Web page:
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8 Mar, 2024 20:20

F-35s certified to carry nuclear bombs

The US fifth-generation fighter jet has been officially certified to carry B61-12 free-fall nuclear bombs
F-35s certified to carry nuclear bombs

The US-made F-35A fighter jets have been certified to carry B61-12 free-fall bombs, thus becoming the first-ever fifth-generation aircraft to be given the green light to carry nuclear weapons.

The announcement was made on Friday by a spokesman for the F-35 Joint Program Office, Russ Goemaere, in a statement to Breaking Defense magazine. The ten-year certification program, originally set to be completed by January, has been concluded ahead of schedule, the spokesman revealed.

“The F-35A is the first 5th generation nuclear capable aircraft ever, and the first new platform (fighter or bomber) to achieve this status since the early 1990s,” Goemaere stated, claiming that the development provides the whole NATO bloc with a “critical capability” and supports the US’ “extended deterrence commitments.”

The certification extends only to F-35A conventional takeoff and landing aircraft and does not include other variants of the stealth fighter jet, such as the short take-off and vertical-landing F-35B or the carrier-based F35C. It also enables the fighters to use only the B61-12, the newer variant of the B61 free-fall nuclear bomb, originally introduced in 1960.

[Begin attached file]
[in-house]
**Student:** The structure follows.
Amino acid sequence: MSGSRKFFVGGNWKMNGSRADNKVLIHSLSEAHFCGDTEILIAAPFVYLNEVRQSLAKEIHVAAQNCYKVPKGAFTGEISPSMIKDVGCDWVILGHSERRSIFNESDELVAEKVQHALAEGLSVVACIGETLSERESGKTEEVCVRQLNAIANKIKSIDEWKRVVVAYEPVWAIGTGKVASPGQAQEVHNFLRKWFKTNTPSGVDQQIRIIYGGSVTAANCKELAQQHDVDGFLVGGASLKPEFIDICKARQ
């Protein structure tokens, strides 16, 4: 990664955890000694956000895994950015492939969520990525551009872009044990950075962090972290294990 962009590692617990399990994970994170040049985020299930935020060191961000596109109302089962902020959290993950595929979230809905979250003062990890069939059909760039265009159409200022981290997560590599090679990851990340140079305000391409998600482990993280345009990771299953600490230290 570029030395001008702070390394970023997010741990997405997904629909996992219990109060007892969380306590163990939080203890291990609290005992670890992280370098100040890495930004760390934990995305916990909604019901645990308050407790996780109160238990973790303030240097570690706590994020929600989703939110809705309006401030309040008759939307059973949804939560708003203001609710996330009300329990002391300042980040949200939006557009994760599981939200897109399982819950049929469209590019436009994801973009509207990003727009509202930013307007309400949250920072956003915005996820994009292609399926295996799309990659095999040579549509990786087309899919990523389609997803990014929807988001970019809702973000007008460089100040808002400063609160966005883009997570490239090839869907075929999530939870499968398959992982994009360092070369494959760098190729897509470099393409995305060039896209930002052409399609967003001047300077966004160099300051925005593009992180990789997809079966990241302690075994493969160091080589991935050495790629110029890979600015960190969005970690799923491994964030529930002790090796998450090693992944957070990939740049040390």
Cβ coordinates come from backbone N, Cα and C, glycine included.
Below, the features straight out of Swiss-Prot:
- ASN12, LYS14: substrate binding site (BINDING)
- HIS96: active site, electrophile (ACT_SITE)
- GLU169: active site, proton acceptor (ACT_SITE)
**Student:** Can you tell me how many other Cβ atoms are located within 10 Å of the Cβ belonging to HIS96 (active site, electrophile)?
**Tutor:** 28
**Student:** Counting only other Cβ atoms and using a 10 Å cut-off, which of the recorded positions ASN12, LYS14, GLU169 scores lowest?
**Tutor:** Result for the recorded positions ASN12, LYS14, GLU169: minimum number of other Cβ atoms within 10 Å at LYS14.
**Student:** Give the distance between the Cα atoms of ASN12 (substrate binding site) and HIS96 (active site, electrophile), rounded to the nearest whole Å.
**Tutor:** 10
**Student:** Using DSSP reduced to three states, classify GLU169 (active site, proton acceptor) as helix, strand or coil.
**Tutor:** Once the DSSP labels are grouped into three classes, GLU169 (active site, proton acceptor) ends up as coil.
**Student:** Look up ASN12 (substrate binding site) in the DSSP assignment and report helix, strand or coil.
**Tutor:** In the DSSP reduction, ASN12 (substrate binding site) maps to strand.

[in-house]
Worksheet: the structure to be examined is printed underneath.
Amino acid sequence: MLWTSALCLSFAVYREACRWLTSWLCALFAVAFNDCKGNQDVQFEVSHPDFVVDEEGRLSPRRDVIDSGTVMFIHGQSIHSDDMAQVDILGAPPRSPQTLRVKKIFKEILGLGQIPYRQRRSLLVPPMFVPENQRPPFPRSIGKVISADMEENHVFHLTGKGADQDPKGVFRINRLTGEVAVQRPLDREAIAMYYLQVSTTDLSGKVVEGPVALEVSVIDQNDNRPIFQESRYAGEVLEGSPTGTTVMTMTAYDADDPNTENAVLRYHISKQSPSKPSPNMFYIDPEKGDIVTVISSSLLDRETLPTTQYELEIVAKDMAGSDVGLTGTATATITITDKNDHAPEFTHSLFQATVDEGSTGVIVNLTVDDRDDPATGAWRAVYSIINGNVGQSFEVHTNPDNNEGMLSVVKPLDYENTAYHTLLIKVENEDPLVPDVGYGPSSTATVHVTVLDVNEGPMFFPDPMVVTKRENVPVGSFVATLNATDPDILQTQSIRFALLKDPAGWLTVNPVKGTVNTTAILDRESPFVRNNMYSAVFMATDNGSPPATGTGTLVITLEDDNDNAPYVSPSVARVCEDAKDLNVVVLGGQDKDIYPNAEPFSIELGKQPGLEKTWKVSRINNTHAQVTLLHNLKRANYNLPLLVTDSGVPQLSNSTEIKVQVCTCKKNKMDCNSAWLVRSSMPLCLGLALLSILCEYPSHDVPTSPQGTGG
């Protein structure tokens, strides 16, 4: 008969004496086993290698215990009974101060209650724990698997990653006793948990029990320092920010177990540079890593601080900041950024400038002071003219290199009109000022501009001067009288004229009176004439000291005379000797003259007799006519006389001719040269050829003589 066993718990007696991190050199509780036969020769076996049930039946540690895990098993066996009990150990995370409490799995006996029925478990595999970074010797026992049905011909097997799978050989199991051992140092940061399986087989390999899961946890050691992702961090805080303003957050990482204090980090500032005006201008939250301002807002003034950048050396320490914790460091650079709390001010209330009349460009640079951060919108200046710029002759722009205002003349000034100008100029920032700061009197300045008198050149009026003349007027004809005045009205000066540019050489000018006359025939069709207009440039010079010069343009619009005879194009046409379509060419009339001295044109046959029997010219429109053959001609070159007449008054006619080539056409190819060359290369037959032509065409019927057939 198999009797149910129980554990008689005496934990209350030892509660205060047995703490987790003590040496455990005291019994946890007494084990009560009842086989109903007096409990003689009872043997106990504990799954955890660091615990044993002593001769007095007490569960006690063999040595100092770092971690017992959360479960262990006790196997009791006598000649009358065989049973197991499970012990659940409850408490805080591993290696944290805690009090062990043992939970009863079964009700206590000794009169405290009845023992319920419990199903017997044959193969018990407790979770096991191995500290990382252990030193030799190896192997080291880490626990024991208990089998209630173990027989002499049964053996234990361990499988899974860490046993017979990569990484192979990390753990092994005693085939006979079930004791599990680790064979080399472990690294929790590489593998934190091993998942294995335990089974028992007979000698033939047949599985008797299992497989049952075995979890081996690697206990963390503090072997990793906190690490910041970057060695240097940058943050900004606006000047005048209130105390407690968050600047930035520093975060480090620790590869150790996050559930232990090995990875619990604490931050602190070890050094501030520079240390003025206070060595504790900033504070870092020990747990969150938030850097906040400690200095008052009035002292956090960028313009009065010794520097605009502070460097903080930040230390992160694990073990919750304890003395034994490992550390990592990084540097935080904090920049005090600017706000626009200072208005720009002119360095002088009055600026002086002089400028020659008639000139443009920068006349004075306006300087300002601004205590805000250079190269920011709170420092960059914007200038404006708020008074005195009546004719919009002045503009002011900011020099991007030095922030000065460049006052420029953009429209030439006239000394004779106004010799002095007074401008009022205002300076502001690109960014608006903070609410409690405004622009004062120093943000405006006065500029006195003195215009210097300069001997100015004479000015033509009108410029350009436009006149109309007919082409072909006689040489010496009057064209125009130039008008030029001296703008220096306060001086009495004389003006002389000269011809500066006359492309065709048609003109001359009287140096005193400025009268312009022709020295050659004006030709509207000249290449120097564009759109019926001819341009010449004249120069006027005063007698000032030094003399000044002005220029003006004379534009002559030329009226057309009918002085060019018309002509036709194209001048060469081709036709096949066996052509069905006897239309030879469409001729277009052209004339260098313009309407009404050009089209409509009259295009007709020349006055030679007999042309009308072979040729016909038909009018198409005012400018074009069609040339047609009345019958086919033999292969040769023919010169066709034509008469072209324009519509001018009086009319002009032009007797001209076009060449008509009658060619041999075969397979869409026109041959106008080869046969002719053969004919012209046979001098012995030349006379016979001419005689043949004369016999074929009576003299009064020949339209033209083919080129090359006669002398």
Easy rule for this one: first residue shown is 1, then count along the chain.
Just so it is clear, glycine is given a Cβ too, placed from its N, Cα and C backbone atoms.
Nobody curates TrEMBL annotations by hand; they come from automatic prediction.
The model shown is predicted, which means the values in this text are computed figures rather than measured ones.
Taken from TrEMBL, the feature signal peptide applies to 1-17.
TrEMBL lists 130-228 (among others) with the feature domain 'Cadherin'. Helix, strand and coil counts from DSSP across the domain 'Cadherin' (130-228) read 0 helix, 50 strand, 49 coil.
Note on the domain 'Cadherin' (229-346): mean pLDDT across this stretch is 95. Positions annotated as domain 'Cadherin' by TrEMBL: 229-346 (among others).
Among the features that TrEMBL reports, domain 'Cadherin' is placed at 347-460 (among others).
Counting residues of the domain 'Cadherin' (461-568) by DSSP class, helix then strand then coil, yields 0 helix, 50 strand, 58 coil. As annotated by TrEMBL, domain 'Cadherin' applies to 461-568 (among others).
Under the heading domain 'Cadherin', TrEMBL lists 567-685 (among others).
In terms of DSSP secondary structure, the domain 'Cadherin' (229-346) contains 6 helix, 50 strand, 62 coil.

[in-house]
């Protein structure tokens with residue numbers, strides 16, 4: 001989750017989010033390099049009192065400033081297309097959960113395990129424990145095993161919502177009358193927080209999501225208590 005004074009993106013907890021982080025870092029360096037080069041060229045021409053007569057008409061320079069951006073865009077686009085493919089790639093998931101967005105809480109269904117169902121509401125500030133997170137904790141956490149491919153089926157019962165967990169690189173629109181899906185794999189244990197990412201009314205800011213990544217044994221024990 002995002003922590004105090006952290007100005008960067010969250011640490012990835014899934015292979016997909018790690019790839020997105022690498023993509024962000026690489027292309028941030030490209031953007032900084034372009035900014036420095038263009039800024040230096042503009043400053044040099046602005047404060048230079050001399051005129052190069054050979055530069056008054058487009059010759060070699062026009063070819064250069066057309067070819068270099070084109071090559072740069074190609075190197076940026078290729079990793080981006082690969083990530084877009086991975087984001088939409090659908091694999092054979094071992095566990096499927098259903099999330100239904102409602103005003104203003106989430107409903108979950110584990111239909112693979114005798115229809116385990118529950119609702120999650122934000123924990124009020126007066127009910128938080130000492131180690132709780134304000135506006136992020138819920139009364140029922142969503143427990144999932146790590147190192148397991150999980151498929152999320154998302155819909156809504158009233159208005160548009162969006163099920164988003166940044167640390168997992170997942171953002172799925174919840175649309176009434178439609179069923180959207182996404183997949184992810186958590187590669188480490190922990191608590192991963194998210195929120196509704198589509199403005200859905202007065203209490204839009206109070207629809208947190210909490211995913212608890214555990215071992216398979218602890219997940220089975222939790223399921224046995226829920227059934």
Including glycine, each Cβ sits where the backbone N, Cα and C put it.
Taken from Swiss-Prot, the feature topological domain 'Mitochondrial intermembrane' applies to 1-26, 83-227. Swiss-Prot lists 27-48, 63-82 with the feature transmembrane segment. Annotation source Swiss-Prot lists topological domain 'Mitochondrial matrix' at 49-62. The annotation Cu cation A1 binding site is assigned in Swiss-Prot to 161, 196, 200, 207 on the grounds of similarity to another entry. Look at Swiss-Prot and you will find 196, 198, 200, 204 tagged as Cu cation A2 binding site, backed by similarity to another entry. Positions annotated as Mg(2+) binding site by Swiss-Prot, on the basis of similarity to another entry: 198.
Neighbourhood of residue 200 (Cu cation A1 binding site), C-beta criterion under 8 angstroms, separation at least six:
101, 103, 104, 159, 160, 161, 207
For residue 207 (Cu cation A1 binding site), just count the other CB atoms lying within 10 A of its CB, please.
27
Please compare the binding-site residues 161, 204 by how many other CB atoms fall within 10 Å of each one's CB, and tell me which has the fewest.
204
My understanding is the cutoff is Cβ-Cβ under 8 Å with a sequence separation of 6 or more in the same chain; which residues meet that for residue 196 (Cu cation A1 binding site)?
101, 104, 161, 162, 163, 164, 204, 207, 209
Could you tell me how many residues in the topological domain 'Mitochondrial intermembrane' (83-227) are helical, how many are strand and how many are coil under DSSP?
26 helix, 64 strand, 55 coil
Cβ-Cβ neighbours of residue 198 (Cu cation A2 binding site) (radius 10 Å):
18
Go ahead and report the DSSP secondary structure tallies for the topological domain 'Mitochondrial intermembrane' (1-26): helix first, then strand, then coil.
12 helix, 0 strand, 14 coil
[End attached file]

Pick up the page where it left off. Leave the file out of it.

The -12 life extension program, conceived during the Obama administration, is meant to replace older variants of the nuke, with its first production unit rolled out back in late 2021, and is scheduled to run through the end of 2025. Last year, the Biden administration announced a new -13 life extension program to give the B61 a further makeover.

The development comes as brighter news for the whole F-35 program, riddled as it has been with assorted technical issues and various embarrassing setbacks. The latest was reported earlier this year by Bloomberg, when it turned out the new $14 billion software upgrade for the jets turned out to be “immature and deficient,” leading to “critical war fighting deficiencies” for the aircraft, rather than improvements of their capabilities.

Despite numerous complaints from fighter jet operators, who had observed deficiencies “in weapons, fusion, communications and navigation, cybersecurity and targeting processes,” the Pentagon had reportedly opted to continue rolling out the faulty update.

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